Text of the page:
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In response to Point Loman, who wrote:

I’m still having a hard time understanding how the hotel and visitor industry can justify its opposition to the TOT increase just a couple years ago, using the argument that it would make us less competitive with like cities, and now want to increase the TOT, but only when it has complete control of that increase. So what you all are saying is an increase in TOT will NOT make us less competitive? And if so, then why don’t we go back to the ballot initiative that helps the city as a whole, rather than just the tourism industry? Tourists use our streets, our water, our parks, our police and fire services, just like everyone else, no? Shouldn’t they participate in those costs?

Many thanks to Point Loman for your comments regarding past measures aimed at raising the transient occupancy tax (TOT) in the city of San Diego, and the impact of visitors on the city’s budget.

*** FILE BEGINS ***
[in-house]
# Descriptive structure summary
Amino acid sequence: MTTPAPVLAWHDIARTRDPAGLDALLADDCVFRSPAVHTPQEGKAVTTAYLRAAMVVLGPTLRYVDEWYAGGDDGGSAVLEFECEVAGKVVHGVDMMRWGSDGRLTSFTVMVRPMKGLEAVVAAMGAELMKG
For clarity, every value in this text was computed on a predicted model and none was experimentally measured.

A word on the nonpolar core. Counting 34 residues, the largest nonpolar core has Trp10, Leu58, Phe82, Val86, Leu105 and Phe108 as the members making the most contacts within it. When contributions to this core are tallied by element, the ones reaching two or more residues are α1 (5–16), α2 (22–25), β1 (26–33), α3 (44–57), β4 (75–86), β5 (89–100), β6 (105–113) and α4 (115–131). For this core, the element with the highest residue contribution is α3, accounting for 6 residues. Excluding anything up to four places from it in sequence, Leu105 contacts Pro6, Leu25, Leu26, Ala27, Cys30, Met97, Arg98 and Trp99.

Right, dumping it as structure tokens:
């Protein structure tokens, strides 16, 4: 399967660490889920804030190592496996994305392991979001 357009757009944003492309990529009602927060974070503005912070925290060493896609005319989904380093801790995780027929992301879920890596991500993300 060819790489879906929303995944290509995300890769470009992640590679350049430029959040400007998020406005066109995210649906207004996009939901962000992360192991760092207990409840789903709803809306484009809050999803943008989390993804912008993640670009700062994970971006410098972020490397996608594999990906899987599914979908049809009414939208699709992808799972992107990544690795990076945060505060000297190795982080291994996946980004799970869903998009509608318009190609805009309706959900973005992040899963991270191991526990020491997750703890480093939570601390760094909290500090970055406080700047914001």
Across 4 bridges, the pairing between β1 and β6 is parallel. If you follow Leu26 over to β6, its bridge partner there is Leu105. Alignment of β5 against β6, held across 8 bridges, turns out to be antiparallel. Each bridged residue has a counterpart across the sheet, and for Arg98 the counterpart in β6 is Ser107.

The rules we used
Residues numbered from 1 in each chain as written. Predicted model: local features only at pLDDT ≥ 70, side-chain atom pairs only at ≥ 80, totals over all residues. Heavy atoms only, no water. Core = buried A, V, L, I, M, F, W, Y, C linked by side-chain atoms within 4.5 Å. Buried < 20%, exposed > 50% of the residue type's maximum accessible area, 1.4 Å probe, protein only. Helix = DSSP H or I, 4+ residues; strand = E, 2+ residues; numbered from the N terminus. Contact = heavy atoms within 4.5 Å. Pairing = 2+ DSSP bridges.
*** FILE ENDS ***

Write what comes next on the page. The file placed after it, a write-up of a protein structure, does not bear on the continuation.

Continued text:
San Diego’s visitor industry strongly supported Proposition C on the March 2004 ballot in the city of San Diego. This measure, which would have provided increased funding for emergency services, roads, parks and tourism promotion, was supported by a broad coalition. Unfortunately, the proposition required two thirds approval of the electorate.  Though it received 62 percent of the vote, a landslide in a race for elective office, it fell just short of the 66.7 percent required.

Concerning visitors’ paying their fair share and more of city services utilized, indeed they do. By fiscal year end (June 30), the city of San Diego alone is projected to collect approximately $150 million in TOT, with much of these funds remaining in the general fund to cover city services of primary benefit to San Diegans. 

On a related note, the most recent assessment (2002) of the “Economic and Fiscal Impacts of Tourism on the city of San Diego,” Commissioned by the San Diego County Taxpayers Association and conducted by CIC Research, shows that tourism provides a significant net gain to the city of San Diego. The 2002 study showed that visitors to San Diego in fiscal year 2002 generated a total of $134.7 million in revenue (taxes and fees) for the city. Providing city services to San Diego visitors during fiscal year 2002 resulted in approximately $58 million in general fund fiscal expenditures. Thus, visitors to San Diego generated an overall city fiscal benefit of approximately $76 million for fiscal year 2002, according to the Taxpayers Association study.

DAVID PECKINPAUGH

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